A 34-year-old Black Army veteran by the name of LaRue Bratcher remains imprisoned today after her was charged with first-degree murder for killing a white man who was allegedly stealing from his business. Making matters worse, his trial date has been delayed and he will wait in jail for another few months as he awaits his day in court.
“I feel like this was an injustice for the simple fact that if the roles were reversed, if this was a white person inside the facility, he would not be in this situation,” Bratcher's wife, Vicky, told Yahoo! News.
Bratcher's nightmare began on May 27, 2020, at approximately 1 a.m. Bratcher was at his marijuana grow business, Premium Smoke LLC, when a man by the name of Daniel Hardwick attempted to break into his business for the second consecutive night.
“He was trying to break in when the business owner, who was inside the business at the time, apparently opened fire with a handgun, striking and killing the man who was breaking in,” Oklahoma Police Department Master Sergeant Gary Knight said in June 2020.
After the shooting took place, Bratcher called the police to handle the situation. Then, members of the Oklahoma Police Department called the Oklahoma Medical Marijuana Authority in an effort "to ensure the business was legal." It was at this point that police learned that Bratcher's business license had expired in 2019. The Army veteran had hoped to renew his license in 2019, but had put it off after he was told that he needed to make nearly $100,000 in renovations before he would be allowed to do so.
Initially, he was arrested for operating a grow shop illegally and held on a $5,000 bond. In addition, authorities swooped in and confiscated approximately $1.5 million worth of marijuana from his business.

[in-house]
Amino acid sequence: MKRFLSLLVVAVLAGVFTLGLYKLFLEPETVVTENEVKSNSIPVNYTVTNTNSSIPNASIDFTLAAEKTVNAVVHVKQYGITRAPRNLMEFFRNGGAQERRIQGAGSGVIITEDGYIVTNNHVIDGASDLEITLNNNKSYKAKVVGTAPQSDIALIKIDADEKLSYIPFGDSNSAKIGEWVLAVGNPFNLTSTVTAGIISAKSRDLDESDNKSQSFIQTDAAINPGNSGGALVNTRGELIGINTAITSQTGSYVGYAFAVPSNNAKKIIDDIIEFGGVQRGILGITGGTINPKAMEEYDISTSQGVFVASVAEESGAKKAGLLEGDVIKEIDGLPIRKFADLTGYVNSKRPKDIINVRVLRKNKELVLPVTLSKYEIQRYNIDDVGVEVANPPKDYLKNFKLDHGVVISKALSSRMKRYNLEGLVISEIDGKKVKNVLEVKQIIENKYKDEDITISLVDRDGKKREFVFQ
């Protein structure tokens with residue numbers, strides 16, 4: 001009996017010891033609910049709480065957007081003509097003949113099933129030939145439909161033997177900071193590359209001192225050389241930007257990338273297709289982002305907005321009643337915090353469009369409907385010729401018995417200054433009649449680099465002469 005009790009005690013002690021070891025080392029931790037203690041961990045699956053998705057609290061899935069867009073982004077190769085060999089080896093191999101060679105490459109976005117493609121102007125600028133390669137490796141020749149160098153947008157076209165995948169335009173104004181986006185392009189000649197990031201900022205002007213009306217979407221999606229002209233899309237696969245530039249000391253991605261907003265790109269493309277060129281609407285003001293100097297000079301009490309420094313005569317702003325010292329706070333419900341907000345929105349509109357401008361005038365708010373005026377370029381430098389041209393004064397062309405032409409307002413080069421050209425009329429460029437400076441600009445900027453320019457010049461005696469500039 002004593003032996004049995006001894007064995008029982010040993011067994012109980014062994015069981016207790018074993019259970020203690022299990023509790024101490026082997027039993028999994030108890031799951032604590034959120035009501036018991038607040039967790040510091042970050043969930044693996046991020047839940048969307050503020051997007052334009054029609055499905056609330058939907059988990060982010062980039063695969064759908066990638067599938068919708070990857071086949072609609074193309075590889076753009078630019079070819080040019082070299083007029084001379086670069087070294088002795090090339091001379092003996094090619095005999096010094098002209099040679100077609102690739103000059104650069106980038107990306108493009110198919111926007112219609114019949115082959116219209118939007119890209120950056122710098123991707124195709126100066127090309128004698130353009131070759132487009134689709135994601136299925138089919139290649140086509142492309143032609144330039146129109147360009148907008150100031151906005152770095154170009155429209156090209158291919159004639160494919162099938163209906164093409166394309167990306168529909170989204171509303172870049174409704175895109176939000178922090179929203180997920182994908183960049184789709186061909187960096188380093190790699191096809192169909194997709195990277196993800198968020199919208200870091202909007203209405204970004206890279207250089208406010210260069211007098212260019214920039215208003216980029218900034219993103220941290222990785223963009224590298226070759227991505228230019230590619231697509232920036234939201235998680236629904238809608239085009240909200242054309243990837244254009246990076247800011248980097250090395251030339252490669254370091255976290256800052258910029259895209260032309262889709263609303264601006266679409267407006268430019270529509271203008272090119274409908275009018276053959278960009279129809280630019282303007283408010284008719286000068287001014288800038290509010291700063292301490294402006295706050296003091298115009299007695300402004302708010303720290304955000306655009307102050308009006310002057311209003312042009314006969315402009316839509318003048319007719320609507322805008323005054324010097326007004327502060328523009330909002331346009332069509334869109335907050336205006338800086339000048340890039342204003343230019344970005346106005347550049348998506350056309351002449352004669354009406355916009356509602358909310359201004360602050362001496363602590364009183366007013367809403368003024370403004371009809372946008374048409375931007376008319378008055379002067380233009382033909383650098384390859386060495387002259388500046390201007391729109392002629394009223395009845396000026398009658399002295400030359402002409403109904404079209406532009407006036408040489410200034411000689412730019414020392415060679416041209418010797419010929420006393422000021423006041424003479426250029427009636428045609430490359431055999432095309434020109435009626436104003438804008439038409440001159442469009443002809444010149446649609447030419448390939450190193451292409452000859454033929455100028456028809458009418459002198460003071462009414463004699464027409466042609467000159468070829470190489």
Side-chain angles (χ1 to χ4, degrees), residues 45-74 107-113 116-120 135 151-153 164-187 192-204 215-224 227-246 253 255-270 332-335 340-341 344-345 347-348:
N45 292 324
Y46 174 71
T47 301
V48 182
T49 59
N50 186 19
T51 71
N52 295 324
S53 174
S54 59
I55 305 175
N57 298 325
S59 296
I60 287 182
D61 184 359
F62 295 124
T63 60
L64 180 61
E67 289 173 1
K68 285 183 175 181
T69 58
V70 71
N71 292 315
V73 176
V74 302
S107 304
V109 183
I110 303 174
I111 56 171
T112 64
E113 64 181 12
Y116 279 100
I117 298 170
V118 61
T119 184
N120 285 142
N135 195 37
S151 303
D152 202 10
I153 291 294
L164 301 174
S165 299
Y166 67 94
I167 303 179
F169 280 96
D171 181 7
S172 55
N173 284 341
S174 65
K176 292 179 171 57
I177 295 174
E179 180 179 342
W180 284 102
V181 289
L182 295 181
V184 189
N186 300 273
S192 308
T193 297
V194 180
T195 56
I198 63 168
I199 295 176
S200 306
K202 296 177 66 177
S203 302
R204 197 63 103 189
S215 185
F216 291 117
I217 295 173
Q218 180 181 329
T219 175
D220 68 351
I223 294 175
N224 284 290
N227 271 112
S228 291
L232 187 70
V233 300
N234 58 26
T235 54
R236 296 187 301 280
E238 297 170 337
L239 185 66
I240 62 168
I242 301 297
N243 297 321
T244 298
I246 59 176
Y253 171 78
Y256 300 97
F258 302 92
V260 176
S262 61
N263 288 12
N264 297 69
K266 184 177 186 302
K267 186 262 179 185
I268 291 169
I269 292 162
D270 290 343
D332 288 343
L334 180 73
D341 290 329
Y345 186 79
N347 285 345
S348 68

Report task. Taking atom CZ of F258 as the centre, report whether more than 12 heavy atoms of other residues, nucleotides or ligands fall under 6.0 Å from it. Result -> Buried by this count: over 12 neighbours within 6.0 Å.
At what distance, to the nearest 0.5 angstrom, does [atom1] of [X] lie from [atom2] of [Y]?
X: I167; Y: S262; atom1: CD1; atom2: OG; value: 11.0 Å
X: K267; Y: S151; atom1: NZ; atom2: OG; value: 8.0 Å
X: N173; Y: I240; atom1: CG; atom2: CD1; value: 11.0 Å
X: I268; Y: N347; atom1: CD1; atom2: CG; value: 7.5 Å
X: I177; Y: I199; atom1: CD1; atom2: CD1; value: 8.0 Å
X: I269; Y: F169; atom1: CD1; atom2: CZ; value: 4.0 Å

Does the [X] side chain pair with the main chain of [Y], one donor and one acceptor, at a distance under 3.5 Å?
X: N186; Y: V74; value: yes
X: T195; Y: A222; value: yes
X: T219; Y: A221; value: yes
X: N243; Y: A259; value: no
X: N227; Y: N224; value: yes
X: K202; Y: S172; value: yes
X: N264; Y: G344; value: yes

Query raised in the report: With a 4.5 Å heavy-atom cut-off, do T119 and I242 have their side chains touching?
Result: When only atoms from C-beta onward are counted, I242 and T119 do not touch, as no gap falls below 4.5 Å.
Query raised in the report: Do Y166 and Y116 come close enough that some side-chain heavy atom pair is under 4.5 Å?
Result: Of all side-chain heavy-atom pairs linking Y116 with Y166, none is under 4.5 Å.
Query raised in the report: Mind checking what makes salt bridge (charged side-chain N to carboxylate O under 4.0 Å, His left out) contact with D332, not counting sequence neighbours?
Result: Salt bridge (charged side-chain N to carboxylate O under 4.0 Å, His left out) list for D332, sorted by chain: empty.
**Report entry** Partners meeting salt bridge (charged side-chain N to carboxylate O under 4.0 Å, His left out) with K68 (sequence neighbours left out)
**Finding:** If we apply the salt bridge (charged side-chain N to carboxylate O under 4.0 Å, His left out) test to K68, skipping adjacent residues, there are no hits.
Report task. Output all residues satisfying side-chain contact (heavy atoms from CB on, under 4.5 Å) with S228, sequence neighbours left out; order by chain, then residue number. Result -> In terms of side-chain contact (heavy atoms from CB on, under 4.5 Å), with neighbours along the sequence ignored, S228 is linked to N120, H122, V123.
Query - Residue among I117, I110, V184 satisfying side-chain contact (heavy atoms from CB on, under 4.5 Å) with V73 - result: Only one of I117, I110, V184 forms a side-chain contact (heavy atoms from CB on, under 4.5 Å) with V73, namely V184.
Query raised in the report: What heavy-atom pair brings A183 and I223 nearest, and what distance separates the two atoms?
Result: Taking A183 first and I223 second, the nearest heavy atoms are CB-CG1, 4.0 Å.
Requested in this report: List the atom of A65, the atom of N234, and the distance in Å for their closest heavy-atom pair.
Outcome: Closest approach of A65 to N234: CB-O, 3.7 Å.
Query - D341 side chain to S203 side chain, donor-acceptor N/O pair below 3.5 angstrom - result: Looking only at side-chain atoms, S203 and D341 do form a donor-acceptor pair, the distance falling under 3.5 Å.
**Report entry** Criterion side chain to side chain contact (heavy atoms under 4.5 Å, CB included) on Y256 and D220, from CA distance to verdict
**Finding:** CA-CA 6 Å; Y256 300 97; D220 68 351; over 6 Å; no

One week later, the district attorney's office upgraded Bratcher's charges to second-degree murder and raided his home. When Bratcher refused to take a plea deal, the district attorney upgraded the charges to first-degree murder. He now faces up to life in prison or death.
Since Bratcher was taken into custody, support has grown for his case. Nearly 6,000 people have signed a petition in support of the Army veteran.
“Someone broke into his place,” Bratcher's uncle, Derrick Neighbors, said.
“He didn’t go out looking for trouble. He was in his own place of business.”
While Oklahoma has a "Stand Your Ground" law in place, it reportedly does not apply to those who are committing a felony at the time of the shooting. As a result, Bratcher's felony charge tied to the marijuana grow shop invalidates the use of a "Stand Your Ground" law. Even without a "Stand Your Ground" defense, Bratcher's attorney, Clay Curtis, feels that he has a strong case.
“The evidence shows Mr. Bratcher acted reasonably under the circumstances,” Curtis told Yahoo! News.
“I think anyone would be in fear for their life in that circumstance. This case isn’t about us growing weed in terms of the homicide, it’s about whether people think he acted reasonably under the circumstances.”
Bratcher's trial is set for October 11.
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